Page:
What’s so special about a 1973 penny? What’s it worth? Here’s how to determine whether a 1973 penny is worth anything. First of all, you have to consider its condition. Coins that are more than 10% off-center are rare. A 1% off-center coin could fetch $10, while a 50% off-center coin could fetch up to $100. The mint mark was manually pressed onto the dies, which left ample room for human error. If an error occurred, coiners would simply repunch it with another die to correct it.
These coins can be worth as much as two cents when they are worn. However, an uncirculated 1973 penny can sell for between 10 cents and $30. A single 1973 pennant with a higher grade, graded MS67+RD by the Professional Coin Grading Service, sold for $3,850 in an auction in 2020. A 1973 Denver penny features a “D” mintmark below the date. These coins are worth more than the face value of their copper content.
In the center of the obverse, a portrait of a young Queen Elizabeth II faces right. She wears the St. Edward’s Crown, one of the United Kingdom’s most recognizable Crown Jewels. The left side of the coin features a caption, “QUEEN ELIZABETH THE SECOND.”
The change to the penny’s metallic composition was gradual and unfolded over nine years. The change in the composition of the coin began when the price of copper soared in 1973. During this period, the copper content of the Lincoln cent was approaching the coin’s face value. Consequently, the public began hoarding brass one-cent coins, leading to a coin shortage nationwide, similar to the early 1960s. The public also hoarded silver coins, which made it difficult for them to be sold.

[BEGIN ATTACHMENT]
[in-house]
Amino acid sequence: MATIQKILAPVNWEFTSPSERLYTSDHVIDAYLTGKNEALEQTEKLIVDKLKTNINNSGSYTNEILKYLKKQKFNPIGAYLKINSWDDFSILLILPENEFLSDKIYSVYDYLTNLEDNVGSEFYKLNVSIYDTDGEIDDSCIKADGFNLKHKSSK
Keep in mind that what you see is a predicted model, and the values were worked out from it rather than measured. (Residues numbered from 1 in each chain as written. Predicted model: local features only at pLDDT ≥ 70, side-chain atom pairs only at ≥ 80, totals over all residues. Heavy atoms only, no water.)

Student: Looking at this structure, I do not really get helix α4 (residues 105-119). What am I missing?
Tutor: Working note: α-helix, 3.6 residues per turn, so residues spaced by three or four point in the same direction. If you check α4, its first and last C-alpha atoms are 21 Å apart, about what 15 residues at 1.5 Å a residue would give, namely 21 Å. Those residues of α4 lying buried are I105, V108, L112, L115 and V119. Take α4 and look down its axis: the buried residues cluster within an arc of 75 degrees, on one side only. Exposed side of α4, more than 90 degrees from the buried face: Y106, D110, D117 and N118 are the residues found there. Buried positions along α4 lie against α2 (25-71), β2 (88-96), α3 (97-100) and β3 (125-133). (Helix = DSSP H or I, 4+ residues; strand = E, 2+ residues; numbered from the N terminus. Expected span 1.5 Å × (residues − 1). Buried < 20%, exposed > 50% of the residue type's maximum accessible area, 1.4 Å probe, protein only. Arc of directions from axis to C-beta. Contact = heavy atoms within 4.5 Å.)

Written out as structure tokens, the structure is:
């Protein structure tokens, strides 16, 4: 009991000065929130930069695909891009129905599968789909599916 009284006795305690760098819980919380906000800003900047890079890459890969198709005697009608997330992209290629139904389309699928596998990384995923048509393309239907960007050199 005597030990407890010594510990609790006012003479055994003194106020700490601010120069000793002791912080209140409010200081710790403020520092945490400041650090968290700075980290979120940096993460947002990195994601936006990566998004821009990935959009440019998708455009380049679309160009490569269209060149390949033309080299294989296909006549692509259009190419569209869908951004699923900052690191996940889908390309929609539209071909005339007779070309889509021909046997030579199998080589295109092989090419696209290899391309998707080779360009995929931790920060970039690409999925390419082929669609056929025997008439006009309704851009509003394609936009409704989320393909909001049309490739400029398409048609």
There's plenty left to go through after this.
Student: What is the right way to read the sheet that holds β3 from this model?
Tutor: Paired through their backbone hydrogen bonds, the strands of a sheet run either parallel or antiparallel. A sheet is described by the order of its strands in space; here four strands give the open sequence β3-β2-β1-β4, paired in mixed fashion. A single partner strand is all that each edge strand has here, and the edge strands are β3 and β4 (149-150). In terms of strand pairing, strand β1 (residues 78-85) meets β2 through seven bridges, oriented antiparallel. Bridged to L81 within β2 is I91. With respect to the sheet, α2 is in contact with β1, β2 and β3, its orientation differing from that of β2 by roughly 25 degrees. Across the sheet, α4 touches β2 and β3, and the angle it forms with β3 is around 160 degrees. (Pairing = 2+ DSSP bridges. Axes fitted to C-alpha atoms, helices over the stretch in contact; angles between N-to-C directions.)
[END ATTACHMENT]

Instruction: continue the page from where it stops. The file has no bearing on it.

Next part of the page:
From 1885 to 1973, British Honduras issued eight different types of 1 cent pieces. They were struck at the Royal Mint in Llantrisant, Wales, and included the state title “BELIZE” on the reverse. The state title was first struck on the bronze 1 cent piece in 1973 and was minted annually until 1976. Afterward, the nation became independent and issued aluminum coins. After the coin became legal tender, it remained in circulation until 1980 and was withdrawn from circulation in 1981.
If you’ve got a 1973 penny with a rare error or lack of mint mark, it’s likely that it’s worth at least twice its face value. It may be worth much more. Its value stems largely from its sentimental value. If you were born in 1973 or had a significant event occur in that year, a 1973 penny might even be a valuable keepsake. If you’ve saved a few of these coins, you may be able to sell them for more than their face value.